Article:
Signs of an Emergency During Canine Hip Surgery

If you have a large dog breed such as a Saint Bernard, Newfoundland, Great Pyrenees, or Great Dane, then you may know that it may be prone to a debilitating condition known as hip dysplasia. While this condition can affect all sizes of dogs, it is more common in large breeds.

Surgery is often an effective option, however, canine hip surgery can be risky for the animal. Fortunately, veterinary anesthesia systems can deliver the precise amount of anesthesia so that the risk for anesthesia-related complicates decrease, however, they can still arise during the procedure. Here are some signs of an emergency during canine hip surgery and how veterinary anesthesia systems can alert the doctor to subtle signs of an emergent situation:

Low Blood Pressure

Just like humans, dogs can develop dangerous hypotension or low blood pressure. Fortunately, the careful monitoring of the animal's vital signs by veterinary anesthesia systems can alert the veterinarian to the first signs of a medical emergency.

If the monitor displays a low or dangerous blood pressure, interventions can quickly be implemented to help raise the blood pressure so that optimal circulation can be re-established. These interventions may be the introduction of intravenous medications or fluids, or even changing the position of the dog to better facilitate a normal blood pressure. 

Low Oxygen Level

During surgery, it is essential that your dog's respiratory function be monitored continuously. A medical device known as a pulse oximeter is used during veterinary surgery to assess the oxygen saturation level. This level provides crucial information to the veterinary anesthesiologist about the canine's respiratory status. If the oxygen saturation level becomes abnormal, interventions such as adjusting the oxygen rate can be quickly implemented.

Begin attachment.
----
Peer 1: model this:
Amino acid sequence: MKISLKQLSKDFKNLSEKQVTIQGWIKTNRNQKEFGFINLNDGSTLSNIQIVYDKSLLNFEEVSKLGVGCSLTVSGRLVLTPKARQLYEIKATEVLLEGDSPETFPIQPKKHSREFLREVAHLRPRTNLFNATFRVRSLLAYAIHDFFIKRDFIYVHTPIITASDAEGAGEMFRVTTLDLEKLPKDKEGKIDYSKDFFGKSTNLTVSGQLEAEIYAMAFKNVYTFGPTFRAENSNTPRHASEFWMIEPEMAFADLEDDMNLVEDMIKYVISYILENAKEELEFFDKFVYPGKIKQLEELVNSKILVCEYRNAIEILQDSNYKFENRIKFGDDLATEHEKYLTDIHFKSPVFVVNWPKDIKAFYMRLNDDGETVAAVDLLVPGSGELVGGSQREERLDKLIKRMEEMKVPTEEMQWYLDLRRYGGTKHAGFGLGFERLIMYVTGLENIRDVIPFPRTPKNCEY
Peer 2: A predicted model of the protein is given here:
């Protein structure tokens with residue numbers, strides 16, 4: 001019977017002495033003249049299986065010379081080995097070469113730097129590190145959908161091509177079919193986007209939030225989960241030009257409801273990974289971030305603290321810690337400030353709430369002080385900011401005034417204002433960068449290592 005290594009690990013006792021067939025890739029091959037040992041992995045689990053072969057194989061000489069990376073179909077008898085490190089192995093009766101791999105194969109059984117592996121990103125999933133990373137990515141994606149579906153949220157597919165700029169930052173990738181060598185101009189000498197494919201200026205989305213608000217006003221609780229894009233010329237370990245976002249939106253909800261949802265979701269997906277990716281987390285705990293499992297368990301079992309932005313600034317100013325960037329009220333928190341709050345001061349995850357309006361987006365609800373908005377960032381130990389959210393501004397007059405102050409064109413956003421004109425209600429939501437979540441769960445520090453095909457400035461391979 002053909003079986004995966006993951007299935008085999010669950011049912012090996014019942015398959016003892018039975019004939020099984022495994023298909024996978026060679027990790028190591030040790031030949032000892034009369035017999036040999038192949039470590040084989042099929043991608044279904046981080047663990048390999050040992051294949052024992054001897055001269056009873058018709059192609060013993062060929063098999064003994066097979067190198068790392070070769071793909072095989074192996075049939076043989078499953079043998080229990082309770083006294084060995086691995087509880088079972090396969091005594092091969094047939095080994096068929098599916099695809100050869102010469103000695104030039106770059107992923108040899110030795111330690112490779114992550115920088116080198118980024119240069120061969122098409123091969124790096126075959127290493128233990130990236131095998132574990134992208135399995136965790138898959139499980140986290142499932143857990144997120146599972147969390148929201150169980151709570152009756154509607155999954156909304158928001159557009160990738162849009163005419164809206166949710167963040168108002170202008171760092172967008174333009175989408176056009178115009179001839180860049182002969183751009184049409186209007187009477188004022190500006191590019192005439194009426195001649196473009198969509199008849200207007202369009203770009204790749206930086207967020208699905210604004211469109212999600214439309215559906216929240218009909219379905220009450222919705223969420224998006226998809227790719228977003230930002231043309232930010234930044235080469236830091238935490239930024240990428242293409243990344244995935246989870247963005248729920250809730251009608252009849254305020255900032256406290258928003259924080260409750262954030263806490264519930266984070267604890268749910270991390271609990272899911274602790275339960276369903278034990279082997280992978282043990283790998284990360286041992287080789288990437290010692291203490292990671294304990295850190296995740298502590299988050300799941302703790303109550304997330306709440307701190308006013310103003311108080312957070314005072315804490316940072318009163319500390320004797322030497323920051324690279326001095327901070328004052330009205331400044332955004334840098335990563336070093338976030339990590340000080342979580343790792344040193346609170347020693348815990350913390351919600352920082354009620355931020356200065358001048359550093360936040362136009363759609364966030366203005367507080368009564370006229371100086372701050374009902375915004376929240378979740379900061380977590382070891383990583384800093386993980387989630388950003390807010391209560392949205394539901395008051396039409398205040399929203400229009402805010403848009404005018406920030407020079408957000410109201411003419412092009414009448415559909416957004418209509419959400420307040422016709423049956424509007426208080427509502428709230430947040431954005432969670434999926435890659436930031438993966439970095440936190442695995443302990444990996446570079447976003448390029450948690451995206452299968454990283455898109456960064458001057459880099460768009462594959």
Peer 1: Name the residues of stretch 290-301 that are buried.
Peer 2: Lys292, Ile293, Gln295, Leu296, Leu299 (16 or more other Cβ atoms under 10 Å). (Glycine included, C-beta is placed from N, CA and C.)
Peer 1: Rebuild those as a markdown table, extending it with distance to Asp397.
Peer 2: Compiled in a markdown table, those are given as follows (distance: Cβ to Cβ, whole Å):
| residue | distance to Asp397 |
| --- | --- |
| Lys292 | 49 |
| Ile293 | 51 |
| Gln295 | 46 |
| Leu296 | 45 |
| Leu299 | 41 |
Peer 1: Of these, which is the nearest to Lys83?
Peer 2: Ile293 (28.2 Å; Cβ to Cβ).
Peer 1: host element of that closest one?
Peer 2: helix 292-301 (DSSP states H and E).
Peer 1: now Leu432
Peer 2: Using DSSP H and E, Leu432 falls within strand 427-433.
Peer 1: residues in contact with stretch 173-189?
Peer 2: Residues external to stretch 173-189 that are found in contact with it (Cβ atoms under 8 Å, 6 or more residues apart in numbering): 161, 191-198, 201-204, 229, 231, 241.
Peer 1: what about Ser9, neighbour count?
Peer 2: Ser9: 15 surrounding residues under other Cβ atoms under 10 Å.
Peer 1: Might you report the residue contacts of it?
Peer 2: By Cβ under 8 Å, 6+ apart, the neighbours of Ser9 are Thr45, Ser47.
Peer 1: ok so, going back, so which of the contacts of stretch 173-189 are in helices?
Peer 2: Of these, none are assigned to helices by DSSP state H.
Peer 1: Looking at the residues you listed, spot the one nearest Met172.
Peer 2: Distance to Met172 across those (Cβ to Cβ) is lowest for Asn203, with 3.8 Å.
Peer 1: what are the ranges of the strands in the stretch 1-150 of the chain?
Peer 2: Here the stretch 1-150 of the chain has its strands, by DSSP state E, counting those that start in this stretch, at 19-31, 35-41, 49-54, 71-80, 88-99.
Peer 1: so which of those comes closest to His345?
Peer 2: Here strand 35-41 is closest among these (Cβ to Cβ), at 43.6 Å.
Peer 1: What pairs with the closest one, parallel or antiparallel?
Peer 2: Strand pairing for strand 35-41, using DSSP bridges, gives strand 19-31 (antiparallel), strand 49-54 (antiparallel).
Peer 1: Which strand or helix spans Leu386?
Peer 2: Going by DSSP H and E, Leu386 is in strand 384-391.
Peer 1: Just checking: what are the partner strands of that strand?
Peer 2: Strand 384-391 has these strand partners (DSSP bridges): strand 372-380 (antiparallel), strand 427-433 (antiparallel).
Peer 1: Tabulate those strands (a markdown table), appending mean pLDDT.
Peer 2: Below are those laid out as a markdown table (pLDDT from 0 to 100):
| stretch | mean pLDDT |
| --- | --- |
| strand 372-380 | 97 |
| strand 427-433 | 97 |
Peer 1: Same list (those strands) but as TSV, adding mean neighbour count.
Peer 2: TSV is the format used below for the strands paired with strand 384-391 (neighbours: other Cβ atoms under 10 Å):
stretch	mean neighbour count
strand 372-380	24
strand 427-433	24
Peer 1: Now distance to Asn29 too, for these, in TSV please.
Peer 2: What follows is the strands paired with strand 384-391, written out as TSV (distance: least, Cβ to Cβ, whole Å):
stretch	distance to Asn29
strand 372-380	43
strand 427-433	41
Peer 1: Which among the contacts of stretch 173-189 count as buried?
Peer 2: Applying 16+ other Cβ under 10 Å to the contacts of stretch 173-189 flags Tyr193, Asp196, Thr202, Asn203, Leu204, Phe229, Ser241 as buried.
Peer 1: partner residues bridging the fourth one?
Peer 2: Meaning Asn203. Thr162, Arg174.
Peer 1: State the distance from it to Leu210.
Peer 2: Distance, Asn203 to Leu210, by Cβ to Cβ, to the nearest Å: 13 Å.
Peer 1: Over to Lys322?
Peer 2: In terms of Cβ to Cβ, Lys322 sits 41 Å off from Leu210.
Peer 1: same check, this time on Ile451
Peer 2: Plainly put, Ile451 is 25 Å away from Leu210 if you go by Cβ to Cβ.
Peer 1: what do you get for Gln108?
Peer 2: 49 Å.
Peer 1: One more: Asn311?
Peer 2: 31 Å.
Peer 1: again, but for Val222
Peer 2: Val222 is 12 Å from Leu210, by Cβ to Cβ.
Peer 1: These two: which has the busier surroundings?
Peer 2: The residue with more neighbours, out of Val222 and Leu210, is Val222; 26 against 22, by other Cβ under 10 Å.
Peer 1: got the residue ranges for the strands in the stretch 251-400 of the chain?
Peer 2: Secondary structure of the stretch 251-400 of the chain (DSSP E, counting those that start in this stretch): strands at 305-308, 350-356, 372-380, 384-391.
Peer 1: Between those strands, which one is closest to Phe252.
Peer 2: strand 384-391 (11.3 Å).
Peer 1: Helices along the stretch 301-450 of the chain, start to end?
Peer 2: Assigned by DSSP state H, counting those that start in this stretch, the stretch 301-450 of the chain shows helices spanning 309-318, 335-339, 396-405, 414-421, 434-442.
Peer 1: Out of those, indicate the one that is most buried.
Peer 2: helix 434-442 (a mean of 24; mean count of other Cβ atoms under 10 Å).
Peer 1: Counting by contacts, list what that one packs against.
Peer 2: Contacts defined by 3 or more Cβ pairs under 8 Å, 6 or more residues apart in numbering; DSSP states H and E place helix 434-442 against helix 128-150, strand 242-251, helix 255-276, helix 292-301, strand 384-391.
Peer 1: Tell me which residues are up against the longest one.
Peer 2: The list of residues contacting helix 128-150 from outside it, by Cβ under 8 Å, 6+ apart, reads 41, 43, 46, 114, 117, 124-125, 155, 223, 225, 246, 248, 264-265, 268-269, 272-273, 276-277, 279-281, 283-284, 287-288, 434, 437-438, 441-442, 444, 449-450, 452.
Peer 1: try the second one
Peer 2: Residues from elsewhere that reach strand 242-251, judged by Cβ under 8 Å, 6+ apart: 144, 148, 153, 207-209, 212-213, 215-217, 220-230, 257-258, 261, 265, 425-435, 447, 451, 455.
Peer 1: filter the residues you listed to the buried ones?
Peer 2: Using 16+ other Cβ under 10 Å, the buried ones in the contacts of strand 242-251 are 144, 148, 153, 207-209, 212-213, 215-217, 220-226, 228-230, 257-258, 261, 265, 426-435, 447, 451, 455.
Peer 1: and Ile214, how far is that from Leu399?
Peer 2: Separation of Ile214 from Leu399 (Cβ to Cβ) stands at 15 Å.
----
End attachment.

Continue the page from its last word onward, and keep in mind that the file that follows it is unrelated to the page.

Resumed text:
Fortunately, veterinary anesthesia systems can alert the veterinary staff to many emergency situations during a canine hip surgical procedure. These emergency situations include hypoxia, or lack of oxygen to the brain, airway obstruction, and excessive pulmonary pressure. The anesthesia system can usually detect these problems even before they progress to emergencies. While the veterinary staff closely monitors the display screen for any changes in the patient's medical status, they can also rest assured that an alarm will sound at the first sign of an abnormality. 

Cardiac Arrhythmia

Like people, dogs, and other animals can develop cardiac arrhythmias during surgical procedures. Not only can a cardiac arrhythmia develop during major surgeries such as orthopedic surgeries, but they can also occur during the most minor procedures. 

Cardiac arrhythmia refers to an abnormal in the animal's heart rhythm. While some cardiac arrhythmias are not serious, others such as ventricular tachycardia can lead to life-threatening situations. It is crucial for the veterinary staff to be alerted at the first sign of a cardiac abnormality, and while the veterinary staff monitors the rate and rhythm of the canine patient's heart by stethoscope auscultation, cardiac function is also monitored by the anesthesia machine and other monitors used in veterinary surgical practices.

If a cardiac abnormality is discovered during your dog's hip surgery, medications can be given intravenously to either make the heart contractions stronger, slow the heart rate, or in the case of bradycardia, interventions will be implemented to help speed up the heart rate. 

If your dog is facing hip surgery, talk to the veterinarian about the risks and benefits and how to care for your pet during the post-operative period. While canine surgery is considered major surgery, you can rest assured that the veterinary staff, with the assistance of a state-of-the-art anesthesia system, will be monitoring your pet's health status every second of the way. When your dog's surgery is uneventful and uncomplicated, it will have a better chance of enjoying a complication-free recovery period once it returns home.